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Lethbridge Herald Newspaper Archives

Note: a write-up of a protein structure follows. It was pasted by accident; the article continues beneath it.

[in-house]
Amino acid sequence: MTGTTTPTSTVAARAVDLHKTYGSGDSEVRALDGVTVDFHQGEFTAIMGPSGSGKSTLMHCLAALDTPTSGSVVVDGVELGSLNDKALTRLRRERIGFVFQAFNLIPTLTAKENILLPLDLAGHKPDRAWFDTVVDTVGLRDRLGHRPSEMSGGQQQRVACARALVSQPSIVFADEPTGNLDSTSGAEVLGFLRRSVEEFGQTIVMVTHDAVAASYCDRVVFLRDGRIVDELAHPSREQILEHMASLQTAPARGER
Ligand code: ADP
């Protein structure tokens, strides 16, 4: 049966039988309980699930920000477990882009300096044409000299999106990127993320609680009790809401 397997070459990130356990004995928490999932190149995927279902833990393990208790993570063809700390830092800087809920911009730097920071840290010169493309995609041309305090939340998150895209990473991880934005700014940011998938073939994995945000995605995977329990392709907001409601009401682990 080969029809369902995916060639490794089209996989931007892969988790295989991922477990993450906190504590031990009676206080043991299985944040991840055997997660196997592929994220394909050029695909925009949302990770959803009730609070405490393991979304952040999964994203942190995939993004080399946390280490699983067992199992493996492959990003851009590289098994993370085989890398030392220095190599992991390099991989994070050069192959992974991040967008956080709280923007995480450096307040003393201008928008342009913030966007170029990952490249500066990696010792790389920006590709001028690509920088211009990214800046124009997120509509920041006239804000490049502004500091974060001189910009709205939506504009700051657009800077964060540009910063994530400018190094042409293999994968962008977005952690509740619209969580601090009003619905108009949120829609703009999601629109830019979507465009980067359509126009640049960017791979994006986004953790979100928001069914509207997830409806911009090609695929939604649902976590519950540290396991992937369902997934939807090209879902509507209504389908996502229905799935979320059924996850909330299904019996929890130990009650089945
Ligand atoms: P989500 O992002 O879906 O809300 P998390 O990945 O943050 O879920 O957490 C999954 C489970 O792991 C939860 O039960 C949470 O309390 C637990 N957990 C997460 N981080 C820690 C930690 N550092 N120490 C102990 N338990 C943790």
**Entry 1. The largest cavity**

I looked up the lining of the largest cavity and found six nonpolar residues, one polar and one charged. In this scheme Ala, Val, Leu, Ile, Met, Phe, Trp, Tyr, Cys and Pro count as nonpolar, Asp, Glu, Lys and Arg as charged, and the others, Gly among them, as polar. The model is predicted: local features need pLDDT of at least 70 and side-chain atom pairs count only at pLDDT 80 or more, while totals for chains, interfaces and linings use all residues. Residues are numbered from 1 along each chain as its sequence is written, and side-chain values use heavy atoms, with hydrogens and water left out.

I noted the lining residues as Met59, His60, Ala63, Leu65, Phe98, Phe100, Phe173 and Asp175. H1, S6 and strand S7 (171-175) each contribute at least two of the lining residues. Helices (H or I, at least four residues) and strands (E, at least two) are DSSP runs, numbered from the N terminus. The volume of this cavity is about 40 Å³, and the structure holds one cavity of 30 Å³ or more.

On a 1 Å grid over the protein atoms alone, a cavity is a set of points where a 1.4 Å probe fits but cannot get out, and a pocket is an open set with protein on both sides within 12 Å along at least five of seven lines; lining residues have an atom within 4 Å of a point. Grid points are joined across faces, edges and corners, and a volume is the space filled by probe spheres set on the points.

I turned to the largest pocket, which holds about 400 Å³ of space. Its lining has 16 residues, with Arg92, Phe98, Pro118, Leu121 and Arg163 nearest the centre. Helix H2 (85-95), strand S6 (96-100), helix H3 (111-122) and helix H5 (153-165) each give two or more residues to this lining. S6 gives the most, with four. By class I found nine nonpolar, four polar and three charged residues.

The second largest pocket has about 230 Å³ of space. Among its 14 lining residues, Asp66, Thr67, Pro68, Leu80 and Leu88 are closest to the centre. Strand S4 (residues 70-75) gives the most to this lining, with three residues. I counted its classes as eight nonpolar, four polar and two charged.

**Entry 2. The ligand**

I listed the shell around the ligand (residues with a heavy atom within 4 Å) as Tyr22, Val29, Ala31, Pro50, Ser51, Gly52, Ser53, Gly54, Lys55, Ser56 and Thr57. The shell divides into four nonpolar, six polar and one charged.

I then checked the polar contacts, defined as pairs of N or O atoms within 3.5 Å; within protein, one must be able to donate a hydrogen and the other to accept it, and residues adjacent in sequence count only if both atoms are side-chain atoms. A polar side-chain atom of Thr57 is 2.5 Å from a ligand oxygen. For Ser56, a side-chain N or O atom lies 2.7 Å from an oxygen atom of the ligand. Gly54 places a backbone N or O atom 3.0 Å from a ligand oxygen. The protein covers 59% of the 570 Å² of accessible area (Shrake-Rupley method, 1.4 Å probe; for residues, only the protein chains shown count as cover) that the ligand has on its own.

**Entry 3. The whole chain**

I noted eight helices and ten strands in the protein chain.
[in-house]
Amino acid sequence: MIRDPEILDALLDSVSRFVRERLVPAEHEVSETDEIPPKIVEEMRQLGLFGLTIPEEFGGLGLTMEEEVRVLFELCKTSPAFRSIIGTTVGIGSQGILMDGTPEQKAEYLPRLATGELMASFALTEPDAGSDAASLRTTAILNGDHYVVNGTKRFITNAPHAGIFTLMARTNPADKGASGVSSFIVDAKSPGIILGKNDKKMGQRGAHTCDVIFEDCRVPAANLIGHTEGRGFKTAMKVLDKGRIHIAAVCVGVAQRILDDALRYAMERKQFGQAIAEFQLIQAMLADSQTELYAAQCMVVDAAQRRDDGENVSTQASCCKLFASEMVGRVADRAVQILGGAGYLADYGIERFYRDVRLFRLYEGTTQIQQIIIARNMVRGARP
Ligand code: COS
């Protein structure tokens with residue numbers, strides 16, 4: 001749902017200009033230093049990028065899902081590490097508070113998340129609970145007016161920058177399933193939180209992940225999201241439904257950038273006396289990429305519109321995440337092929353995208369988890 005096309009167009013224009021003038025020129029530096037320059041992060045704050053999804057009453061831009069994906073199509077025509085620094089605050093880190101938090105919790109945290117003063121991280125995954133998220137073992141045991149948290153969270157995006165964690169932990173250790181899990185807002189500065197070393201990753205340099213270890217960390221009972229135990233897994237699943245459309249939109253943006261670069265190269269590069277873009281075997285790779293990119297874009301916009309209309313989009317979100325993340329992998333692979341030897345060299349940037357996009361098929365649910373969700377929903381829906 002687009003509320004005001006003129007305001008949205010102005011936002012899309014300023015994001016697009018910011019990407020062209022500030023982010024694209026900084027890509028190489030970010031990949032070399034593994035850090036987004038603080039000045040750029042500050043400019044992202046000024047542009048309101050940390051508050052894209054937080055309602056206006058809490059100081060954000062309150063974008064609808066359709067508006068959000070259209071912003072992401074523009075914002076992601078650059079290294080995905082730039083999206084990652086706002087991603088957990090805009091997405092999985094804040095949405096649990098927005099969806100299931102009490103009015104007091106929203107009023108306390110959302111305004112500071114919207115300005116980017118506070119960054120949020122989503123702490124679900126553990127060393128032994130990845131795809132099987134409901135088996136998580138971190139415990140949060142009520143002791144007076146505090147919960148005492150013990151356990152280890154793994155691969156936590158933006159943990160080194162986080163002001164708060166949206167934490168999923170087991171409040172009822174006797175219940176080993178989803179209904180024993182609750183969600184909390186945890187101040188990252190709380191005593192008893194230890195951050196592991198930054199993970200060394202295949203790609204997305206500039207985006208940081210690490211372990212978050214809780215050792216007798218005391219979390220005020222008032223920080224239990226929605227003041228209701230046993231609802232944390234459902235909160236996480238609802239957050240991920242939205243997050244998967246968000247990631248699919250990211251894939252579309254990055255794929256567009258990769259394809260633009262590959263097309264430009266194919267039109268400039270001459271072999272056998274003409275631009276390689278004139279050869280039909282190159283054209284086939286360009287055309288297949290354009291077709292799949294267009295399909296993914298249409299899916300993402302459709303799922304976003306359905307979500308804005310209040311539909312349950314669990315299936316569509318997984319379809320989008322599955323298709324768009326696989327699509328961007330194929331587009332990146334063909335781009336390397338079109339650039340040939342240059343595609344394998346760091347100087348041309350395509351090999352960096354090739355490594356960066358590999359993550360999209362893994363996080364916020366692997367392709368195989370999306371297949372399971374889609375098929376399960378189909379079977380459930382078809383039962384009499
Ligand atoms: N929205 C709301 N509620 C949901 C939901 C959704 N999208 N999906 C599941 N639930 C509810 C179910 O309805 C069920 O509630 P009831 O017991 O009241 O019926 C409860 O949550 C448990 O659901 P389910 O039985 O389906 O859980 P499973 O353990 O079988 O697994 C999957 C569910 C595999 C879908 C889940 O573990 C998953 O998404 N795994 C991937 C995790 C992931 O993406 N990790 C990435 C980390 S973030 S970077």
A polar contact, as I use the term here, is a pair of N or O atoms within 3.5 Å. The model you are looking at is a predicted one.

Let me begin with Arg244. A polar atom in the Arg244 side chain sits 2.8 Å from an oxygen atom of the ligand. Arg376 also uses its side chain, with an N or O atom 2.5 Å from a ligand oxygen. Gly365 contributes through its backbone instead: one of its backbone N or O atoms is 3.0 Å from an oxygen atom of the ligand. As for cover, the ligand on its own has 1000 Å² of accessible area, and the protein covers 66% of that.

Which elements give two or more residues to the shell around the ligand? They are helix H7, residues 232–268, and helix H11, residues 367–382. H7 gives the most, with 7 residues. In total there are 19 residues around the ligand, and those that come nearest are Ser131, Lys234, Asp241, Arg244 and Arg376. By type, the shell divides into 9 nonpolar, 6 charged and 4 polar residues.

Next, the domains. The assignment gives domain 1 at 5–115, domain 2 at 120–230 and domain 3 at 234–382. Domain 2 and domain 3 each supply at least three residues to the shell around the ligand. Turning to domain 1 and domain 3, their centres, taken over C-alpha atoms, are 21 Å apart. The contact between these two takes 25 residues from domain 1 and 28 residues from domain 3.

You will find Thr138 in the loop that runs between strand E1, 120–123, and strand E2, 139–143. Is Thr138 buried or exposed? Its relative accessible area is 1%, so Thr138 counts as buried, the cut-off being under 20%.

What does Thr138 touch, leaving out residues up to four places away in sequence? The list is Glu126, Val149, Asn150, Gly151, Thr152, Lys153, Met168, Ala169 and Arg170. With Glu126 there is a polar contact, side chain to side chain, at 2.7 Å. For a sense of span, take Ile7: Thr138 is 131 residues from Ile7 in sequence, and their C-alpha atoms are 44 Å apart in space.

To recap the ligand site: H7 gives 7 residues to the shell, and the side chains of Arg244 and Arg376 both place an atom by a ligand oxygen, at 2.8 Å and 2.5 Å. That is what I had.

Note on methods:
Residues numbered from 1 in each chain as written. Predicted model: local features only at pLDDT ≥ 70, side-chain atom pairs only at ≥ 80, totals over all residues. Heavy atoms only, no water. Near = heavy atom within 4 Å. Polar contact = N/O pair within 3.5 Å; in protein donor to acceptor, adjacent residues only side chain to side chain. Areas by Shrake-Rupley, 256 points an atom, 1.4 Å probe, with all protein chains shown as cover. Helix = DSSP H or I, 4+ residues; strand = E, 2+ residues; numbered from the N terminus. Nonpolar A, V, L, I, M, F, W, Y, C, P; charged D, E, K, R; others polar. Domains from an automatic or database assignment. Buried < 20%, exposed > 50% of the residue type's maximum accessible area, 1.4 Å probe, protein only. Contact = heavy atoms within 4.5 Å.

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Lethbridge Herald, The (Newspaper) - July 4, 1973, Lethbridge, Alberta 20 THi LETHBftlDGI HCRALD Wednesday, July 4, 1973 TSE prices dip fractionally TORONTO (CP) Prices on the Toronto stock market moved fractionally lower' in light mid-morning trading to- day. The industrial index, consid- ered the major indicator of market trend, fell .15 to 206.82 and base metals .02 to 100.94. Golds rose -18 to 303.71 and western oils .49 to 211.14. Volume by 11 a.m. was 000 shares compared with 000 at the same time Tuesday. Declines outnumbered ad- vances 96 to 66 with 152 issues unchanged. Plans bill to protect farmers OTTAWA (CP) Con- servative House leader Gerald Baldwin says he will introduce in the Commons this week a private member's bill to protect farmers from bankruptcy pro- ceedings. Under the bill, farmers faced with foreclosure proceedings and eviction could arrange for orderly payment of debt, in some cases at reduced interest rates. Mr. Baldwin, the member for Peace River, said weather con- ditions have affected adversely crop returns on farms in this area of northern Alberta. As a result." many farmers have had to foreclose. Mr. Baldwin introduced a similar bill four years ago but it died on the Commons order paper. The bill would revive the old Farmer Creditor's arrangement Act which lapsed several years ago. Livestock Calgary livestock CALGAKY (CP) Receipts to 11 a.m. today from the Cal- gary public stockyards showed sales of head, mostly slaughter steers and heifers. Trade was active. Slaughter steers were sold steady with sales to 45.90. light- weight steers were discounted 90 cents to Heifers were sold fully steady to 50 cents iugber. Cows were steady with sales to 35. Good cows were scarce and bulls were steady. Steers, Al, A2: 45.25 to 45.50. A3: 43 to 44.25. Heifers, Al, A2: 41.50 to 43. A3: 40.25 to 41.25. Cows, Dl, D2: 33 to 34. D3: 81 to 32.75. IX: 27 to 30.50. Repalcement cattle were scarce. Steers weighing more than 800 pounds were selling steady. There were no stock calves on offer. Good feeder steers more than 800 pounds: 43 to 46.20. Hogs f.o.b. Calgary to 11 a.m. Aver- age base price: 45.85. Bank, construction and mate- rial, pipeline and oil refining stocks among sectors of the market recording decline. Beverage, chemical, industrial mining and trust and loan is- sues were higher. Finning Tractor fell M. to Steinberg's A to Robinson Little 30 cents to Bell Canada Vt to and Westcoast Transmission Vt to Canadian Vickers rose Vz to Conduits National 50 cents to Premier Cablevision to Molson A to and Brascan Ys to Rio Algom was off to United Mindamar 15 cents to and Steep Rock 12 cents to Sherritt Gordin gained to and Agnico-Eagle 10 cents to Decca gained 15 cents to and Alberta Eastern five cents to Canada Northwest slipped five cents to MONTREAL (CP) All sec- tors except papers declined in light trading on the Montreal stock market today. Combined volume on the Mon- treal and Canadian stock ex- changes at 11 a.m. was shares, compared with shares at the same time Tues- day. Banks declined 1.39 to 245.96, the composite .24 to 214.67, utili- ties .13 to 146.41 and industrials .12 to 228.74 while papers ad- vanced .22 to 116.06. On the Montreal Stock Ex- change, Credit Foncier dropped 1 to Multiple Access to Rio Algom Mines to and Zeller's to while Canadian Vickers rose to On the Canadian Stock Ex- change, Bateman Bay Mining was up one cent to 11 cents on shares traded. MARKETS CLOSED NEW YORK (AP) All stock exchanges and livestock markets in the U.S. are closed today to observe the Indepen- dence Day holiday. NYSE firms record big losses NEW YORK (AP) The Jtfew York Stock Exchange said Monday that 60 per cent of its member firms showed losses in May and the losses totalled million. Chairman James Needham said, however, that the May losses were million less than April. Aggregate losses of member firms for the first five months of 1973 were million, com- pared to a profit of million for the same period in 1972, he said. While there was no comment from the exchange, industry sources said the number of bro- kerage houses on the ex- change's early warning list of financially-troubled firms had dropped "somewhat" from the 68 the exchange reported last month. Petroleum corporation ruled out CALGARY (CP) The fed- eral government probably will not form a national petroleum corporation as long as foreign and domestic private interests are active in exploration, says Energy Minister Donald Mac- donald. Mr. Macdonald said in an in- terview companies are "en- thusiastic" in their search for petroleum in the Arctic and in the off shore areas along the east coast. But if this enthusi- asm diminishes, there may have to be a switch to public funds for development to con- tinue. But the energy minister pre- dicted a continued involvement by the private sector. Mr. Macdonald. in Calgary to get reaction to the govern- ment's energy analysis paper, said no attempts would be made to establish a national corporation until some form of energy policy has been adopt- ed. Miscellaneous quotations Vancouver, Calgary, Montreal (Supplied by Dofaerty. McCuaig Limited) (11 a.m. Quotes) LAST BID OR SALE (II a.m. Quotes) WESTERN OILS AND MINES ind China steps up purchase of U.S. farm products WASHINGTON fAP The agriculture department says China is stepping up purchases of United States farm prod- ucts, including soybeans which are being rationed among for- eign buyers until a new crop is ready next fall. China bought U.S. wheat, corn and soybean oil last year, and there are indications it will take more grain from 1973 crops. The soybean sates were CAREERS YOUR FUTURES HERE THE SOUTHERN ALMRTA INSTITUTE Of TECHNOLOGY CALGARY ALBERTA ARCHITECTURAL DRAFTSMAN Draftsman to prepare sketches and working drawings of classroom furnishings, building renovations, maps, plans and floor areas. Also involves supervision of one junior draftsman and making of on-site inspections. Applicants should be graduates in Drafting or Architectural Technolo- gy with at least two years of related experience. Salary to per month. Competition number: 1310-C-7. Closes July 20, 1973. Informotion and application forms from: GOVERNMENT Of ALBERTA PERSONNa ADMINISTRATION OFFICE ROOM 1101, JOHN J. BOWLEN BUILDING 620 7th AVENUE S.W. CALGARY, ALBERTA T2P CALGARY AUXILIARY HOSPITAL NURSING HOME DISTRICT NO. 7 FOREMAN-BUILDINGS AND SERVICES District No. 7 requires on experienced foreman to supervise a preventotive maintenance program for district institutions and equipment. The successful candidate will direct the work efforts of o small staff. Mutt have o 3rd doss Stationary Engineers Certificate and have trade experience os a journeyman millright or equivalent. In addition the success- ful candidate should have high school or trade school edu- cation and have 3 to 5 years of supervisor experience. Special helpful knowledge will be in areas of building construction and maintenance, air conditioning, air handling, refrigeration, power distribution end experience in o preventotive maintenance program Solory -will be of interest to those making then Benefits ore very attractive Apply with complete resume to, or, in person ol. DISTRICT PERSONNEL OFFICE SUITE 200 140 1st S.Wtf CAIGARY. ALBERTA T 28 OA5 For further information Coll 261-3800 reported by the department to have occurred earlier this year. "The result was what China reportedly purchased at least tons about 1.8 million bushels of U.S. soybeans val- ued at million to mil- lion." the report says. "The first shipment of tons was made in late April, with the balance to be shipped over the next three to four months." Soybean exports soared dra matically in recent months, prompting the Nixon adminis- tration to clamp an embargo on further shipments until an allo- cation system could be worked out for the remainder of the current crop season which will end when the 1973 harvest be- gins after Sep. 1. Last calendar year, about 358 million worth of U.S. agricul- tural products were sold to China, mostly grain and soy- bean oil. In return, China sold about million worth of products to the U.S., mostly hog bristles, raw silk and spices. No gasoline shortage in Montana GREAT FALLS no gasoline shortage in Mon- J. J. Flaherty of Great Falls, honorary fife member of the Lethbridge Chamber of Commerce, said Tuesday. He was queried by The Herald after broadcast "reports that Montana was bit by the fuel shortage plaguing some other states. "The Canadian motorists in Montana will have DO more trouble getting gasoline than I had in Lethbridge and Fort Mackod pver your Canada Day holiday weekend." Mr Flaherty said. Albany Oils Alia East Gas Alminex Asamera Ashland BP Canada Brenda Mines Can South Cdn Ex Gas Cdn Homestd Cdn Ind Gas Oil Cdn Long Is Cdn Super Charter Oils Chieftan Dome Pete Dynasty Fort Reliance Gian tMasccr Granisle Gt Plains Gt Cdn Oil S Lochiel Lytfon Mln Noble Mines North Cdn Oils Numac Pancdn Pete Pan Ocean Petrol Pinnacle Place Gas Ponder Ranger Scurry Rain Seibens Spooner Total Pete Ulster West Pete W. Decalta Crowsnest Cygnus A 1.14 Cygnus B 7 25 Falcon Copper 6.35 F and M Trust 8.50 Genstar 11.25 Home A 14.50 Home B 5.65 Hud Bay Co 3.60 Hud Bay Oil 300 Hud Bay A Pfd 6.00 Hugh Rus Pfd Husky Oil .22 Husky B Pfd Husky D War Husky E War Hys of Canada Inter prov 2700 7.75 7.75 13.25 6.50 15.50 (11 a.m. Quotes) Ccn invest F .497 S.45 Col Mutual Cmnw Inter Cmnw Lev Cmnw Vent Corp Invest U53 15.97 3 67 4.03 3.47 3.77 5.96 6.54 Corp In St F 4.80 5.27 37.50 Dreyfus F U.S. 10.53 11.54 17.50 Great Pacific 4.50 4.92 40.50 Gr In Shares 46-00 Gr Equity 42.00 Invest Gr F 4725 400 10.25 3000 8.25 27 380 920 27.50 8.50 2.06 1.33 1.00 7.50 15.25 12.75 22.12V4 Invest Mutual 41.25 Mutual Ac 7.50 Mutual Gr F 865 N W Cdn 4.25 N W Gr 9.25 Principal Gr Inter Prov Steel 13.3716 Royfund Kaiser Res Loblaw C Pfd Magnasonics Pacific Pete Pe-Ben Oilfield Roya! Trust Commerce Cap Sandwell Teledyne West Cdn Seed Westfield Min 2.95 29.00 7.75 24.75 7.00 23.00 3.40 4.50 4.05 Temp Gr United Ac Universal Sav Ur.Ivest Vanguard CALGARY Acroll Barons Oils North Continental 3.39 3.73 746 8.19 17.01 13.13 569 622 5.80 6.33 334 368 538 5.91 4.52 4.91 4.14 4.55 6.41 6.67 852 9.31 4 81 5.29 7.46 8.19 5.70 4.27 5.95 6.52 12.62% Weston A 1 16 White Yukon .21 PIPE LINE STOCKS .59 Aita Gas A 13.2S .40 Alta Gas Pfd 71.00 28.75 Aita Nat Gas 19.00 15.75 Inland Nat Gas 10.87 14.00 N and C Gas 9.75 44 N and C B Pfd 21.37 6.70 Gaz Metro 4.25 Gat Metro A M.OO MISCELLANEOUS INDUSTRIES 5 62% Trans Can Pipe 5 30 Tr Can A Pfd Acres Ltd Aquitaine BC Sugar Pfd Block Bros Cdn Brew A Cdn Brew B Cdn Pacific Tr Can B Pfd Tr Can P W 13.12Vi WC Trans 20.50 WC Trans War 5-12V2 Western Warner 1.05 VANCOUVER 62.00 MINES 11.75 Afton Atlas Explor 13.25 Bath Norse 71.00 Croyden 19.00 Dankoe TO.87% Davenport 9.75 Dolly Varden 21.3714 Equitorial Res 4.25 Lornex Primer Pyramid Silver Standard Valley Copper INDUSTRIALS .46 .02 .35 64.00 31.75 59.00 39.00 635 18.25 3.50 1500 MUTUAL FUNDS 2.70 All Cdn Com 6.75 7.35 25.00 AH Cdn Divid 29.15 All Cdn Vent 27.00 Amr Gr F Columbia Brew Key Indust Wardair OILS 7.22 7.89 Prp Explor 3.76 Plains Pete 5.08 5.5S Ponderay Explor 7.40 .46 .76 .05 1 .47 .28 17 9.75 .12 .13 81 9.35 2.90 .30 215 1 13 .19 .90 Crestbrook Ind 7.62% AGF Special 2.47 Stampede Intl Res 1.27 Toronto mines., industrials Inspects equipment Queen Elizabeth is shown above during a visit at the Canadian Forces base at Summerside P.E.I. The Queen inspected a variety of air rescue planes and equipment during her tour. SMMritfet Cntte) (11 a.m. Quotes) LAW BID OR SALE (11 a.m. Quotes) (11 a.m. Quotes) MINES Acme Advocate Aslx Akaitcho Bralorne Broulan Bethlehem Bovis BnmswicK Can. N.w. Land Canada Tung. Cassiar Central Pat. CNmo Ccn west Cons. Rambler Coin Lake Cochenocr Craigmont Dickenson Mines Mines Deer Horn Dome Mines Discovery Mines East Malartic Eas.t Sullivan Frcfcex First Wlarttimes Giant Y K. GranSuc HollirKjer Hudson Say Ex. Iron Bay .10 1.35 1.21 ZOS 13-75 2.05 4JO 6.80 1.60 10.50 1.10 127 6.4) 365 .18 1 15 6.80 3.90 35.00 07 51 4.20 740 tt.50 25 Pine Point Placer Dev. Pax Exp. Quebec Man Rayrock Rio Algom Sherritt Gordon Steep Rock Corp. Texriiont Upper Canada western Mines W. House Cop. Wright Hargreaves 1.00 Willroy l.W Windfall .20' Yelkwknift Bear 3.45 ac .12 INDUSTRIALS 15.75 1.70 4.20 .22 2.82 Z95 3.00 Ken- Key Anacon Lake Lanoss Silver Malartic G Martin Nlaclntyrt WwJrirn Intern Nu West Mon-.i Nw Athens Calumpt Ntranoa Dollar MONTREAL VS in terms of Canadian funds at noon today was up 1-25 j at 90.99 22-25. Pound sterling j down 33-100 at 7-20. I In New Yorfc, the Canadian t dollar dorcm 1-25 al 3-25 Pound sterling down 3-30 al j 13-30. j Worlw 325 2503 33 350 252 23 11 25 29 151 100 21 16 1175 100 17 26% 5075 550 25 23 AMtibi Alcan Algoma Steel Atco Int) Agra Ira) Bell Tel Brazil Trac B.C. Tel Burns B.C. Forest B.C. Sugar Bow Ind Cable CAE InS Cdn Cnemcell Col Calgary Power Coron Crust C-W.N Gw PM C6n Ind Cdn Mertoni Odn Chrysler 10.50 Corninco Cons Bath CtmS Gat Diet Seagrams Ootri Bridge Oomtar Dom Dom Stores Dotasco Gtenflsle Gn Cdn Oil 31.62% Gen Motors Grt Lakes Pp 2.75 Gulf Oil Cda .13% Greyhound 1 53 Hawker Sid .35% Hiram Walker 27.00 HUT Erie Imp Oil Imasca Int Nickel Int Pipe Inv Grp A Int Util Ind Accept Kaps Kelly Doug A Loeb Loblaw A Met Stores Massey Ferq 28.87% McMillan Bloc 17.25 Moore Corp Molsons A Molsons B Naclwrs North A Cent Powsr Corp Price Co. RotnTnsns St. Law Corp Shell CDA Simpsons 87% Simp steel ol Coa Selkirk A Ttxaco Traders Gn> ft Trans Pp Trans COt Pp 1412% Union Carb 3 90 Union Gas 15.25 Union Oil 23.75 United V-reatile Wg 29.37% Westpel 2150 Wesson's B 15 62% Woodward's A 38 West Cdn Seed 3500 Zenith Efec BANKS Cdn Imp Montreal Nova Royal Tor-Dom 9.75 41.50 5J.25 S0.75 16.50 19.00 7S.W 2425 1100 65.25 21.12% 34.12'A 19.00 4.40 52.12% 27.75 40.12'A 29.00 27.37% 25.90 8.75 23.75 17.25 7.25 H.37% 4.8S 18.12% U.75 28.87% 49.50 25.75 25.50 9.75 1025 13.75 13.09 20.00 17.371, H.75 11.25 3057% JO 7.75 14 00 3009 74.50 16.OT 2012% 31.75 1450 1309 2500 5 25 2-50 77.WV, MOO Grain prices WINNIPEG (CP) Rape- seed prices were slightly low- er in a moderate volume ol trade at mid-session on the Winnipeg Commodity Ex- change. Flax prices also declined slightly except m deferred De- cember futures, where small gains were made. Oats were up fractionally, barley stayed firm and rye posted small losses in duller trade Volume of trade Tuesday was bushels of flax, 000 of rapeseed and of rye. Mid-session prices: Flax: July 4 lower 7.95A; Oct. lower 7.35A; Nov. 2 lower 7.13A; Dec. 3 higher 6.94A. Rapeseed Vancouver: Sept. 1 lower Nov. 1% lower Jan. 2% lower March 5 lower 6.00B. Rapeseed Thunder Bay: Jury z tower 6.13A; Oct. 4 lower 6.10A; Nov. 2 lower 5.82A; Dec. 1 lower 5.50A. Grain quotes Tuesday (basis High Low Close Jly 799 78314 799 Oct 738 737% Nov 718% 695% 715 Dec 701 672% 691 Rapeseed Vancouver Sep 654% 629 WO-i. Nov 633 613 614% Jan 625 604% 606 Mar 616 602 605 Rapeseed Thunder Bay Jly 615% 611 614% Oct 619 601 605 Nov Dec 572 Oats Jly 145 Oct 140 Dec 138'i Barley Jly 209% Oct 307 Dec 204 Rye Jiv 236 Oct 238 Dec 238 551 142 137 223 226% 584 551 144% 139 135% 209% 237% 232% Imports Japan's survival By RICHARD HALLORAN New Ycffk Times Service TOKYO After years of mounting successful export drives, Japan is on the verge of adopting a major new import strategy intended to assure the nation of rerrliable souces of vital supplies. There is a widespread belief and a widespread misunder- standing that Japan must ex- port to live. This is only half true. The critical fact, is that Japan must import to live. Except for a few foodstuffs and raw materials, Japan1 eith- er does not have any or does not have enough of the essen- tial things she needs to feed her 104 million people, to supply raw materials to her vast in- dustrial complex or, indeed, to survive. The Nixon administration's announcement last week that export controls would be placed on soybeans, a staple of the Japanese diet, sent shock waves through Japan and most likely will intensify Japaenese efforts to find guaranteed sources of supply. An American official lere said that "this doesn't do our image as an assured sup- plier any good." Among the new measures be- ing considered that would guarantee supplies, according x> Japanese officials in the jowerful ministry of intema- :ional trade and industry, will be an acceleration of efforts to diversify the sources of these supplies; a massive increase in foreign investment in natural resources, and increased stock- piling of raw materials, food and fuel. Officials in the ministry of international trade and industry and in the foreign ministry, moreover, say that the govern- ment will seek political guar- antees from other nations and from the United States particularly assuring Japan of continued supplies. The new trade policy is still JB the formative stages. As out- lined in Tokyo, it is intended to 30 wen beyond Japanese efforts x> overcome political frictions, jedaBy with the United States, by reducing Japan's trade surpluses of recent years. The new policy does not mean that Japan's exports will faB. On TORONTO AVERAGES 30 Industrials 306.78 06 3D Grids 3MJ6 19 83 10 Base Metals 100.94 off 02 15 Western 00s 211.W up .73 Ml 000 EMPLOYMENT NOTICE The LETHBWDGE and DISTRICT EXHIBITION BOARD BE HIRING FOR THtt YEAR'S AT THE FOLLOWING TIMES FRIDAY, JULY 6th from 7 p.m. to 9 p.m. and SATURDAY, JULY 7th from 9 p.m. to 12 Noon in the EXHIBITION PAVILION WE KfQUIRi THE FOLLOWING STAFF CASHIERS AND TICKET TAKERS PARKING ATTENDANTS SECURITY PERSONNEL AND CLEANING PERSONNEL AU AmtCANTS MUST BE OVER 16 YEARS OF AGE ;